The "greening" of business
from The Jobs Letter No. 61 / 30 May 1997
by Paul Hawken
PAUL HAWKEN believes we can create new jobs, restore our environment, and promote
social stability through a new approach to business, one he calls `natural' capitalism. Hawken has a
long history of breaking the ground of refreshing ideas and action, both as an author
(The Next Economy, Growing a
Business) and as a businessman (former head of
Smith and Hawken, a US mail-order garden and tools company).
In a recent edition of Mother Jones magazine, Hawken outlines his vision for the `greening'
of business as we know it, and describes the first signs of many creative, practical, and
profitable solutions to business and social problems. In this special feature, we summarise some of the
key points of Paul Hawken's analysis and solutions.
- ON THE NEXT STEP IN ECONOMIC EVOLUTION
In 1750, few could imagine the outcome of industrialisation. Today, the prospect of
a resource productivity revolution in the next century is equally hard to fathom. But this is what
it promises: an economy that uses progressively less material and energy each year and where
the quality of consumer services continues to improve; an economy where environmental
deterioration stops and gets reversed as we invest in increasing our natural capital; and, finally, a
society where we have more useful and worthy work available than people to do it.
Ironically, organisations like Earth First!, Rainforest Action Network, and Greenpeace have
now become the real capitalists. By addressing such issues as greenhouse gases, chemical
contamination, and the loss of fisheries, wildlife corridors, and primary forests, they are doing more
to preserve a viable business future than are all the chambers of commerce put together.
While business leaders hotly contest the idea of resource shortages, there are few credible scientists
or corporations who argue that we are not losing the living systems that provide us with trillions
of dollars of natural capital: our soil, forest cover, aquifers, oceans, grasslands, and rivers.
Moreover, these systems are diminishing while the world's population and the demand for services
are growing exponentially.
It is difficult for economists, whose important theories originated during a time of
resource abundance, to understand how the decline in ecosystem services is laying the groundwork for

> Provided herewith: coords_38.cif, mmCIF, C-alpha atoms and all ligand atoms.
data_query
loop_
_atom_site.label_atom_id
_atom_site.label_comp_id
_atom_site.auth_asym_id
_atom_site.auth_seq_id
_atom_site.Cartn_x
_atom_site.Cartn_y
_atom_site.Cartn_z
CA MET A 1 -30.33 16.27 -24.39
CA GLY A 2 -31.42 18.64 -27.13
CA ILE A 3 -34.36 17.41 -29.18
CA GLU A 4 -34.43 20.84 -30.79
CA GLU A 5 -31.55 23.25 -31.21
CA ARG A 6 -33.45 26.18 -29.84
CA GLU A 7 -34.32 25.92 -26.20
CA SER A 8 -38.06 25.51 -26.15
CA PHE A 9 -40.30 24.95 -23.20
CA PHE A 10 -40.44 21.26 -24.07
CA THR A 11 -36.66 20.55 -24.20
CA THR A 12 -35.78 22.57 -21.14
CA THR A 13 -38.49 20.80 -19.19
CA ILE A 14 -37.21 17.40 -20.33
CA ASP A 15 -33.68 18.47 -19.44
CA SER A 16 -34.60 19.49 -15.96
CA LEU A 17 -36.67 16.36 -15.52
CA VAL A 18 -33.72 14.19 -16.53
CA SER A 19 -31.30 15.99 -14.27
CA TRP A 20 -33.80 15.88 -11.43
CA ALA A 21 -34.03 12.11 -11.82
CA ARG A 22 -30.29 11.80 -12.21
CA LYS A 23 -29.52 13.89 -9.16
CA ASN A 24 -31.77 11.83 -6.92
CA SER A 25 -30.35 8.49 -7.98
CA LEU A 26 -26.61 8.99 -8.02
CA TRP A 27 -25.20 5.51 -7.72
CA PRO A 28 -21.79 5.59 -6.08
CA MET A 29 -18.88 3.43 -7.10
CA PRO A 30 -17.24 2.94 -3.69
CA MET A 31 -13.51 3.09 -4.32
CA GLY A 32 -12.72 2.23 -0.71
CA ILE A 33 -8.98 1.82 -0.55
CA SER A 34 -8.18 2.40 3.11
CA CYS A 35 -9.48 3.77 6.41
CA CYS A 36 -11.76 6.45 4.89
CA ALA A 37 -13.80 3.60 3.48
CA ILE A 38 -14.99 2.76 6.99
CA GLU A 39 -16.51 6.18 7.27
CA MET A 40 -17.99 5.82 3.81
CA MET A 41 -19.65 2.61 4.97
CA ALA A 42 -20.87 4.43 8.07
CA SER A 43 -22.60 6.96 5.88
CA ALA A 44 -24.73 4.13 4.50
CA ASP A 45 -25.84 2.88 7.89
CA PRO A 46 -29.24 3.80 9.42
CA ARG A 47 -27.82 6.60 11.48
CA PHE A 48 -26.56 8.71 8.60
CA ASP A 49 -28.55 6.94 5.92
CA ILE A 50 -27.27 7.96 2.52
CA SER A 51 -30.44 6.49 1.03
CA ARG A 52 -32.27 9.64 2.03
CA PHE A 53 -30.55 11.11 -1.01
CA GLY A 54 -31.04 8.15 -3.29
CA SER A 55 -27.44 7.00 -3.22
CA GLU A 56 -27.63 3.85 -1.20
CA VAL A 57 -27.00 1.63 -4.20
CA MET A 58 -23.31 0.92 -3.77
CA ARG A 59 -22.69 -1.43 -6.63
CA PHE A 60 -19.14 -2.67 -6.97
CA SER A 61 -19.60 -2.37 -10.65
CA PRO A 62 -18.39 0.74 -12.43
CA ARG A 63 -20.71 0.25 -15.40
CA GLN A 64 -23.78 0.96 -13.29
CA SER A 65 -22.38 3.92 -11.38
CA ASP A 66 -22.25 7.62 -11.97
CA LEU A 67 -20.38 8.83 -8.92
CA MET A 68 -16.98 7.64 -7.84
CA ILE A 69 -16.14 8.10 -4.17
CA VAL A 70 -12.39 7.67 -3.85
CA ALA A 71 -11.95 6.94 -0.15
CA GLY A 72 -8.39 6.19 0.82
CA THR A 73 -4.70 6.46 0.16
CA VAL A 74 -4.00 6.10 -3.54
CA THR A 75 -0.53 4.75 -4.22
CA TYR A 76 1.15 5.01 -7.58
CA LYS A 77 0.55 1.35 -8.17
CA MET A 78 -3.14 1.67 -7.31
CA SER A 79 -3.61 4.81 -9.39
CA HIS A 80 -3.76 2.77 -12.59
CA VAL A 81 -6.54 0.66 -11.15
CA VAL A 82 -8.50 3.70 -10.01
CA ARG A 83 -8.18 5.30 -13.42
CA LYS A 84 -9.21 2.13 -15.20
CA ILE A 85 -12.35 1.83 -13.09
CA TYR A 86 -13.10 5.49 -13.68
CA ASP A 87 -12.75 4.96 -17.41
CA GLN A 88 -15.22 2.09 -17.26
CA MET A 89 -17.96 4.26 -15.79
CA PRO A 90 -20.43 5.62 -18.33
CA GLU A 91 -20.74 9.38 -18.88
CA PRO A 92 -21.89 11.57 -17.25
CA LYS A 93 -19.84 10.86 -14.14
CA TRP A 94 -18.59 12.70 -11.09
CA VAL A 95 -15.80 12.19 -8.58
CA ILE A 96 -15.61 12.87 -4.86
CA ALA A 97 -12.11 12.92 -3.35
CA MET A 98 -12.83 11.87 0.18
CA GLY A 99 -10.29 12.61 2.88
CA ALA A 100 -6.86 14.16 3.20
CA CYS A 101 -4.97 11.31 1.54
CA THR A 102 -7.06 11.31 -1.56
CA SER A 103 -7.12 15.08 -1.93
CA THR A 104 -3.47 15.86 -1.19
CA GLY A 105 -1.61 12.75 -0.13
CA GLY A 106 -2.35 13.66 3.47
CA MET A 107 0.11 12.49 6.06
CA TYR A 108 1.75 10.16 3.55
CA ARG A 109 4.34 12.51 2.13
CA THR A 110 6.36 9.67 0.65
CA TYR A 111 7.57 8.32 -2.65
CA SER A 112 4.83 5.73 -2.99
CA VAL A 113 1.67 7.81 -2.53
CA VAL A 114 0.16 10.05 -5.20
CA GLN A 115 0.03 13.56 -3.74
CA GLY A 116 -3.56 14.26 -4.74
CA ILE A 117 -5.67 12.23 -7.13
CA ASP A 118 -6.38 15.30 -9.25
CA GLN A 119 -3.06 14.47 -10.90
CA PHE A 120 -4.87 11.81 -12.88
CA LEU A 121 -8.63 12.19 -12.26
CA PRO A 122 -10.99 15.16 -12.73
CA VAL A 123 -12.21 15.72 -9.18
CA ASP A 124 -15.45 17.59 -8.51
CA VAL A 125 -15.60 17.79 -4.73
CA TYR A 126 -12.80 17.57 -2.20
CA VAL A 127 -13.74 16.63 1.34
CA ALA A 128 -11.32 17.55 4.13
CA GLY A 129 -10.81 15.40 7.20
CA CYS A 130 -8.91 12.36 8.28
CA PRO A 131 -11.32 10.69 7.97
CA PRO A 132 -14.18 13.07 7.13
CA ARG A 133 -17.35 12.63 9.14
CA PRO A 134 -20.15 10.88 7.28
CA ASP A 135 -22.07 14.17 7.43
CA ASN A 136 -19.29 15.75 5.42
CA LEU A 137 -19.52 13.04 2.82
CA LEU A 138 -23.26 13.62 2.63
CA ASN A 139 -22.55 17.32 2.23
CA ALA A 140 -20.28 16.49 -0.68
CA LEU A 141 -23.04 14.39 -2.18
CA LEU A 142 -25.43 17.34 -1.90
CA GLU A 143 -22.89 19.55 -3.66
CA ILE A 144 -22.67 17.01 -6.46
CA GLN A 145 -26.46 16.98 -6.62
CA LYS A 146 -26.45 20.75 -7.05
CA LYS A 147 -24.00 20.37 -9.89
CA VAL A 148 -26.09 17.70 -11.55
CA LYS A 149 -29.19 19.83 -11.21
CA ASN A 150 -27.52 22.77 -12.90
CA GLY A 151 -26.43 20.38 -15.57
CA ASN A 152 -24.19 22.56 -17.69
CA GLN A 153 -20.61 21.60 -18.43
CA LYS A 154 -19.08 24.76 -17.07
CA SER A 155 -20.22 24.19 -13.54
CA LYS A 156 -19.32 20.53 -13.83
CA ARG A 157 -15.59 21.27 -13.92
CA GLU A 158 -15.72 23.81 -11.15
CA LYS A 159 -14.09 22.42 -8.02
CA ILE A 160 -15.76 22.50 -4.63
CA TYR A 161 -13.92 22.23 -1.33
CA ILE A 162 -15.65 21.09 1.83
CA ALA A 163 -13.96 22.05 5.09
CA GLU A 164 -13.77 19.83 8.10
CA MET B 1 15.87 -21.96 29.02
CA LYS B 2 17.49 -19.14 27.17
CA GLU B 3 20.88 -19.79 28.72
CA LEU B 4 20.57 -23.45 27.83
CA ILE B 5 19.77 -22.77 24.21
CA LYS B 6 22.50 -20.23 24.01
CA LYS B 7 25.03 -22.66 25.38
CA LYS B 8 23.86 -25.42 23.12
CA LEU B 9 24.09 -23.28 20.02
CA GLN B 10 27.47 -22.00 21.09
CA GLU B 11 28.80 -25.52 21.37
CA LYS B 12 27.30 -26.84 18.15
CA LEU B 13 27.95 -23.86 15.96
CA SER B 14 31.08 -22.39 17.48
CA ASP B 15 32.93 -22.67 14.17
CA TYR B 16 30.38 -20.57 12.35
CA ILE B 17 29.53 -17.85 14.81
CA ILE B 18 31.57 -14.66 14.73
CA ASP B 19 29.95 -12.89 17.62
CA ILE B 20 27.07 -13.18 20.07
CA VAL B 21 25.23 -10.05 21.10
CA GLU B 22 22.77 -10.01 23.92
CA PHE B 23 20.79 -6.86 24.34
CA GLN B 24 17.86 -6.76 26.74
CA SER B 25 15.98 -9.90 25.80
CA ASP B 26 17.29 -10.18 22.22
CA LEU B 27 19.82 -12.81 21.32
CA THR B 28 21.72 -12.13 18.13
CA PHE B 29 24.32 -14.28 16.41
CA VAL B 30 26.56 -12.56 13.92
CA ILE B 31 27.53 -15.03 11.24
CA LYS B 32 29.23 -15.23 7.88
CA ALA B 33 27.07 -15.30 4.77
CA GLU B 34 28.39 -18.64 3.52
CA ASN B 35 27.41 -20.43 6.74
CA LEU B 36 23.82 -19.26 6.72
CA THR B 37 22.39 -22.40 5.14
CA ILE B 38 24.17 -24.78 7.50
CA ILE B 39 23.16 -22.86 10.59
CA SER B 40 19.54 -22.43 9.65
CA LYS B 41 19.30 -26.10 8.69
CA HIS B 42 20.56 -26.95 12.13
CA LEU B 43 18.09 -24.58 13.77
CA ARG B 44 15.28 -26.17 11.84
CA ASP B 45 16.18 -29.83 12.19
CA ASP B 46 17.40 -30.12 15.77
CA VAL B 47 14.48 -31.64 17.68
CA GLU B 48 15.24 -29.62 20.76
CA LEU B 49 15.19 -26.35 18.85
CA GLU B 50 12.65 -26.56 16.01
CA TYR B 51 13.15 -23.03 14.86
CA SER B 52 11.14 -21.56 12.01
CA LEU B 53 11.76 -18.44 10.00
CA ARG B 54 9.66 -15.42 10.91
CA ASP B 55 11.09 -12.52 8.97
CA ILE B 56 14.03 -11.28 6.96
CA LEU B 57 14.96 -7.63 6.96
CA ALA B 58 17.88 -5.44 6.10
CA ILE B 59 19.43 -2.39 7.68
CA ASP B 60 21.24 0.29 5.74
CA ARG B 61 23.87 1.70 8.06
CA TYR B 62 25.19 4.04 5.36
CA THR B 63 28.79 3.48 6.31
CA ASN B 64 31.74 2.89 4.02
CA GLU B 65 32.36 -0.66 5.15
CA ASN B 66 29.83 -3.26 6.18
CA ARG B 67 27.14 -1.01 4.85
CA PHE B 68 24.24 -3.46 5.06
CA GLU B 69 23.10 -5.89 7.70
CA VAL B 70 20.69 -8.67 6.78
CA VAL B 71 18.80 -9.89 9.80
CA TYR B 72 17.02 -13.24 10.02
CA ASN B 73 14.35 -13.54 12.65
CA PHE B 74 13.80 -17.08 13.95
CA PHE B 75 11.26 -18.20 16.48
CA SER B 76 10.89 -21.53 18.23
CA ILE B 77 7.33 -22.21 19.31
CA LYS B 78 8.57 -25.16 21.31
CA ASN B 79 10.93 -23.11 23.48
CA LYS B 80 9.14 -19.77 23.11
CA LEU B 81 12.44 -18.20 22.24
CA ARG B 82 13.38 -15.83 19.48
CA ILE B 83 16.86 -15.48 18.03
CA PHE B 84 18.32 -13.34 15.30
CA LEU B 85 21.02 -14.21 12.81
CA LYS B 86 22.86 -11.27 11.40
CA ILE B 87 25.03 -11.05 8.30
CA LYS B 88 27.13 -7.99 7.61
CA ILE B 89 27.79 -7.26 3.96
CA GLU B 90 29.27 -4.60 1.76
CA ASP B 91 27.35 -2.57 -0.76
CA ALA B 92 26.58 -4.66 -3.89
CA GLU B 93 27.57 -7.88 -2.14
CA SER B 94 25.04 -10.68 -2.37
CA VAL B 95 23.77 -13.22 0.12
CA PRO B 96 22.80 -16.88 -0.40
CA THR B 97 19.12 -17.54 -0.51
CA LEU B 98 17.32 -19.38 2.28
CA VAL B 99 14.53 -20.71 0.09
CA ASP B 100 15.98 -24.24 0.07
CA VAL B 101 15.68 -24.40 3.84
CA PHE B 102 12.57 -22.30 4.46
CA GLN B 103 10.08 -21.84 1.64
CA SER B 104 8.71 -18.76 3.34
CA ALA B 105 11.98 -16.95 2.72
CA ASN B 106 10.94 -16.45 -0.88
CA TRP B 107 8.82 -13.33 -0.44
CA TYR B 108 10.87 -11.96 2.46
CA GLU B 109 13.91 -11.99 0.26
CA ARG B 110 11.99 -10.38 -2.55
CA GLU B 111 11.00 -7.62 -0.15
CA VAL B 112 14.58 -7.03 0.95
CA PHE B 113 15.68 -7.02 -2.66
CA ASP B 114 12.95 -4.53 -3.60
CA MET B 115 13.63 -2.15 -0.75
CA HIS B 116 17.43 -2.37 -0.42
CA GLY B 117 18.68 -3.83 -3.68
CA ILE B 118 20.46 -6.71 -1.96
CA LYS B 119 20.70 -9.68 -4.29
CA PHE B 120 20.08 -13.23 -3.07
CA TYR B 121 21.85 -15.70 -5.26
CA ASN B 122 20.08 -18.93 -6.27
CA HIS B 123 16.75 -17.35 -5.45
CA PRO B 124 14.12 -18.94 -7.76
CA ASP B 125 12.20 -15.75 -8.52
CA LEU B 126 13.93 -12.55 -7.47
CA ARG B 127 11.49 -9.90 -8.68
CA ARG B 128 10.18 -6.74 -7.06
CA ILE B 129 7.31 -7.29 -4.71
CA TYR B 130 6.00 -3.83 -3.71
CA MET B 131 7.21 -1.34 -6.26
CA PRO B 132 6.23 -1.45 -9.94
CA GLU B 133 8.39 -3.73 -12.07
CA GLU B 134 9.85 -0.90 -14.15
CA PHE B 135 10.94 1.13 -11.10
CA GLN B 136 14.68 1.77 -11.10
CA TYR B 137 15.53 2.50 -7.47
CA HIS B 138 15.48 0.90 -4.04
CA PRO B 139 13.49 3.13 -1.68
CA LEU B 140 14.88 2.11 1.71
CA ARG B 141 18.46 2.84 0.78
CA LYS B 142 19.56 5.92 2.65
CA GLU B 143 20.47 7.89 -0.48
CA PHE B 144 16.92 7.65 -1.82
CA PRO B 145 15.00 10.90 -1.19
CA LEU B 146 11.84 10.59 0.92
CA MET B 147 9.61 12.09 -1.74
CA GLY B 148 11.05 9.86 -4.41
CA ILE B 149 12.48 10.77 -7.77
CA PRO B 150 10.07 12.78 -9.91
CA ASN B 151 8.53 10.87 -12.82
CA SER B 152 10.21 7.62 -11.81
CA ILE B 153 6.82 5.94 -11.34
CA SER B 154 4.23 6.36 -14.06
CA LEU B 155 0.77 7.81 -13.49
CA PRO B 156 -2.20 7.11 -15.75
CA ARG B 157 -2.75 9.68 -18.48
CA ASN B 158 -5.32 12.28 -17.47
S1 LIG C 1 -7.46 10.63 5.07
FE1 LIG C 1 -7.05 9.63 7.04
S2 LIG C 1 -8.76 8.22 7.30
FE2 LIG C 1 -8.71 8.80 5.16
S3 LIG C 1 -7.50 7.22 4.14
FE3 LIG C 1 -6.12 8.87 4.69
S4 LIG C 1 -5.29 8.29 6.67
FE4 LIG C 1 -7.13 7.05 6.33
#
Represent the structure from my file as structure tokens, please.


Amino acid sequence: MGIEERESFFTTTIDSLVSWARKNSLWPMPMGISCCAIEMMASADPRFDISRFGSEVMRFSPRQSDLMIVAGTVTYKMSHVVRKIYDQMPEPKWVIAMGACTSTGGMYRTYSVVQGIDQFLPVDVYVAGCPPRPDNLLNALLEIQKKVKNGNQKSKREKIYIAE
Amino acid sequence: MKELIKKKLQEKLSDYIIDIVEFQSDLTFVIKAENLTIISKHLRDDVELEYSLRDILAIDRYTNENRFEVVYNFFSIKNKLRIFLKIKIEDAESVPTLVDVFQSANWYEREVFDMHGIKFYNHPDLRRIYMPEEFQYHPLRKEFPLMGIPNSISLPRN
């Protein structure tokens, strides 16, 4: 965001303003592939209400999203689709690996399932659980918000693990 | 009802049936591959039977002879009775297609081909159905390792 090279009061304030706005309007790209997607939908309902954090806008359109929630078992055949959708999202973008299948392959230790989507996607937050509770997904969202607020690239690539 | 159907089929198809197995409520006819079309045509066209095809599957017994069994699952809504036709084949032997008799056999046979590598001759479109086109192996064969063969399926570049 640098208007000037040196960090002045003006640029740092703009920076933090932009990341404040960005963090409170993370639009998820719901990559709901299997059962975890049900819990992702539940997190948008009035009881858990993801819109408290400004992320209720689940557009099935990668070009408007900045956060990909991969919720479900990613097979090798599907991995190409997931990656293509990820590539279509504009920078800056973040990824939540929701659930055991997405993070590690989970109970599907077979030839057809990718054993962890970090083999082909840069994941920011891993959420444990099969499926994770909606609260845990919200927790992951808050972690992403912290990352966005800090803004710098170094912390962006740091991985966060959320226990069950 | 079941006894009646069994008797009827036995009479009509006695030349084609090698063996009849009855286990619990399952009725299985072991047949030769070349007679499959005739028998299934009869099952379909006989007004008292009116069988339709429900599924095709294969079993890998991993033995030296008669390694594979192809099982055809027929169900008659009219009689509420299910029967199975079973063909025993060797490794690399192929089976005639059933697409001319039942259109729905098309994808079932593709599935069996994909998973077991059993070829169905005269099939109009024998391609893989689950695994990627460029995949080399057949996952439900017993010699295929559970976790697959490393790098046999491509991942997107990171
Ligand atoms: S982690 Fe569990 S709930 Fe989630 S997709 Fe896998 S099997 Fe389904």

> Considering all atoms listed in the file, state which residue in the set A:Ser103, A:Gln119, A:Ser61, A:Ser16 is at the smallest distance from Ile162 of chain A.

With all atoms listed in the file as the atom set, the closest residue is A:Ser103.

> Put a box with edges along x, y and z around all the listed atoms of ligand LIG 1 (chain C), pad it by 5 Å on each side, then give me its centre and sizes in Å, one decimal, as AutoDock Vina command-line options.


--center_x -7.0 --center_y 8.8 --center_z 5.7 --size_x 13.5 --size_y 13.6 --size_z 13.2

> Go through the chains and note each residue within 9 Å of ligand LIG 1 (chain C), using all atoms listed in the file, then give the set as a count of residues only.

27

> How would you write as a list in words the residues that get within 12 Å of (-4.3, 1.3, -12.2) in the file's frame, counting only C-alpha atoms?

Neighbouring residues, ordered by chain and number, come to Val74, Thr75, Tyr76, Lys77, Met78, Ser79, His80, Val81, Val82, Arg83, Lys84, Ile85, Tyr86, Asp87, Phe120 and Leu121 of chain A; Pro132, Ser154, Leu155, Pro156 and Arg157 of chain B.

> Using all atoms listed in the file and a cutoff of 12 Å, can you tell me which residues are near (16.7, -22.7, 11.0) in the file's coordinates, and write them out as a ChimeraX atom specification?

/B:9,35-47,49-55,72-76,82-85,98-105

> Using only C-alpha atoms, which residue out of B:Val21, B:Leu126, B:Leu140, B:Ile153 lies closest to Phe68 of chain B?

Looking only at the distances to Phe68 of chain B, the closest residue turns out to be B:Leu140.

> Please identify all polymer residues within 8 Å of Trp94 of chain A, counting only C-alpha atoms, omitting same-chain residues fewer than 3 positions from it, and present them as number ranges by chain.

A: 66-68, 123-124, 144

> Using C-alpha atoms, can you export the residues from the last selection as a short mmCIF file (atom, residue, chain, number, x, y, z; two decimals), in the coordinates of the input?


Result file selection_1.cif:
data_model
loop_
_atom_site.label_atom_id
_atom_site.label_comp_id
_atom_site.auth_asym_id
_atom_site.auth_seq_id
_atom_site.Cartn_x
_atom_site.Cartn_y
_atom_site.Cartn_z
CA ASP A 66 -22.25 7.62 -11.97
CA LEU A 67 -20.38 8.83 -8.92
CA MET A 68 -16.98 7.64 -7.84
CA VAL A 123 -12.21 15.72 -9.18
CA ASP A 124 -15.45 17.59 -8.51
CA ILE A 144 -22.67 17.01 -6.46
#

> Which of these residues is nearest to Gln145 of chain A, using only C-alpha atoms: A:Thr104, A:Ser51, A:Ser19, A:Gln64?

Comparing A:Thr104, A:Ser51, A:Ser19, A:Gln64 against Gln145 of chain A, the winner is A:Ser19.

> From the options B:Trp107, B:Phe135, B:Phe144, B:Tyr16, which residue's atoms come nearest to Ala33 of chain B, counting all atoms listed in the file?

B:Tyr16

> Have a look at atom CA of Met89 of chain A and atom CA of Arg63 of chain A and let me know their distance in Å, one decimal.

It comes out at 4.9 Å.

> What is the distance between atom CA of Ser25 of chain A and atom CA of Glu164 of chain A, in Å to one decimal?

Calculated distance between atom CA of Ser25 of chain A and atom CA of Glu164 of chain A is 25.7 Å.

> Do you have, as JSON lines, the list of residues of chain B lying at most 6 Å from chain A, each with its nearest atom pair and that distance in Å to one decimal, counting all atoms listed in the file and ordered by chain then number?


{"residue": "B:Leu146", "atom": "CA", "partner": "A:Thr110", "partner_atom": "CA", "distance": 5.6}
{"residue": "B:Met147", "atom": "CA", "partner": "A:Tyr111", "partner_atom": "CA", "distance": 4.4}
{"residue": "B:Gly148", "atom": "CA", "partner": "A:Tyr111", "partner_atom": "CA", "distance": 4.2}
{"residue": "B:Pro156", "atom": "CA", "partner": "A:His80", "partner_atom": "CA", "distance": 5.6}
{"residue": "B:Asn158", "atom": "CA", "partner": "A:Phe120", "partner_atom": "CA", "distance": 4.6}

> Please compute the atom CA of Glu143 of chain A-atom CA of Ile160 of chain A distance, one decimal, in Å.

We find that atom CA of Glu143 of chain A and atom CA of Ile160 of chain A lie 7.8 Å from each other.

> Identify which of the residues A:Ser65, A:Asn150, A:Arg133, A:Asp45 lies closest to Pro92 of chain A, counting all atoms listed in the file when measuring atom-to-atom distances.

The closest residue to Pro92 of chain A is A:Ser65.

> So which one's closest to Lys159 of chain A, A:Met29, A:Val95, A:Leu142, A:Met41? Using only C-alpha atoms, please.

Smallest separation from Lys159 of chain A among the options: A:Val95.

the next stage in economic evolution. As we surrender our living systems, social stability,
fiscal soundness, and personal health to outmoded economic assumptions, we are hoping that
conventional economic growth will save us.
It is difficult for economists, whose important theories originated during a time of resource abundance, to understand how the decline in ecosystem services is laying the groundwork for the next stage in economic evolution.
- ON NATURAL CAPITAL
Modern industrialism came into being in a world very different from the one we live
in today: fewer people, less material well-being, plentiful natural resources. As a result of the
successes of industry and capitalism, these conditions have now reversed. Today, more people
are chasing fewer natural resources. But industry still operates by the same rules, using more
resources to make fewer people more productive. The consequence: massive waste of
both resources and people.
The laws we're ignoring determine how life sustains itself. Commerce requires living
systems for its welfare it is emblematic of the times that this even needs to be said. Because of
our industrial prowess, we emphasise what people can do but tend to ignore what nature does.
Commercial institutions, proud of their achievements, do not see that healthy living systems
clean air and water, healthy soil, stable climates are integral to a functioning economy.
Economist Herman E. Daly cautions that we are facing a historic juncture in which, for
the first time, the limits to increased prosperity are not the lack of man-made capital but the lack of natural capital. The limits to increased fish harvests are not boats, but productive fisheries;
the limits to irrigation are not pumps or electricity, but viable aquifers; the limits to pulp and
lumber production are not sawmills, but plentiful forests.
Until the 1970s, the concept of natural capital was largely irrelevant to business
planning, and it still is in most companies. Throughout the industrial era, economists considered
manufactured capital money, factories, etc. the principal factor in industrial production, and
perceived natural capital as a marginal contributor. The exclusion of natural capital from
balance sheets was an understandable omission. There was so much of it, it didn't seem worth
counting. Not any longer. We need to revise our economic thinking to give full value to our natural
resources. This revised economics will stabilise both the theory and the practice of
free-market capitalism. It will provide business and public policy with a powerful new tool for
economic development, profitability, and the promotion of the public good.
- ON SOCIAL WASTE
We do not perceive the nature or enormity of the threat presented by current
employment patterns. According to the International Labor Organisation in Geneva, 1 billion people (about
30 percent of the world's labour force) either cannot work or have such marginal and menial
jobs that they can't support themselves or their families. The United States is proud of its 5.4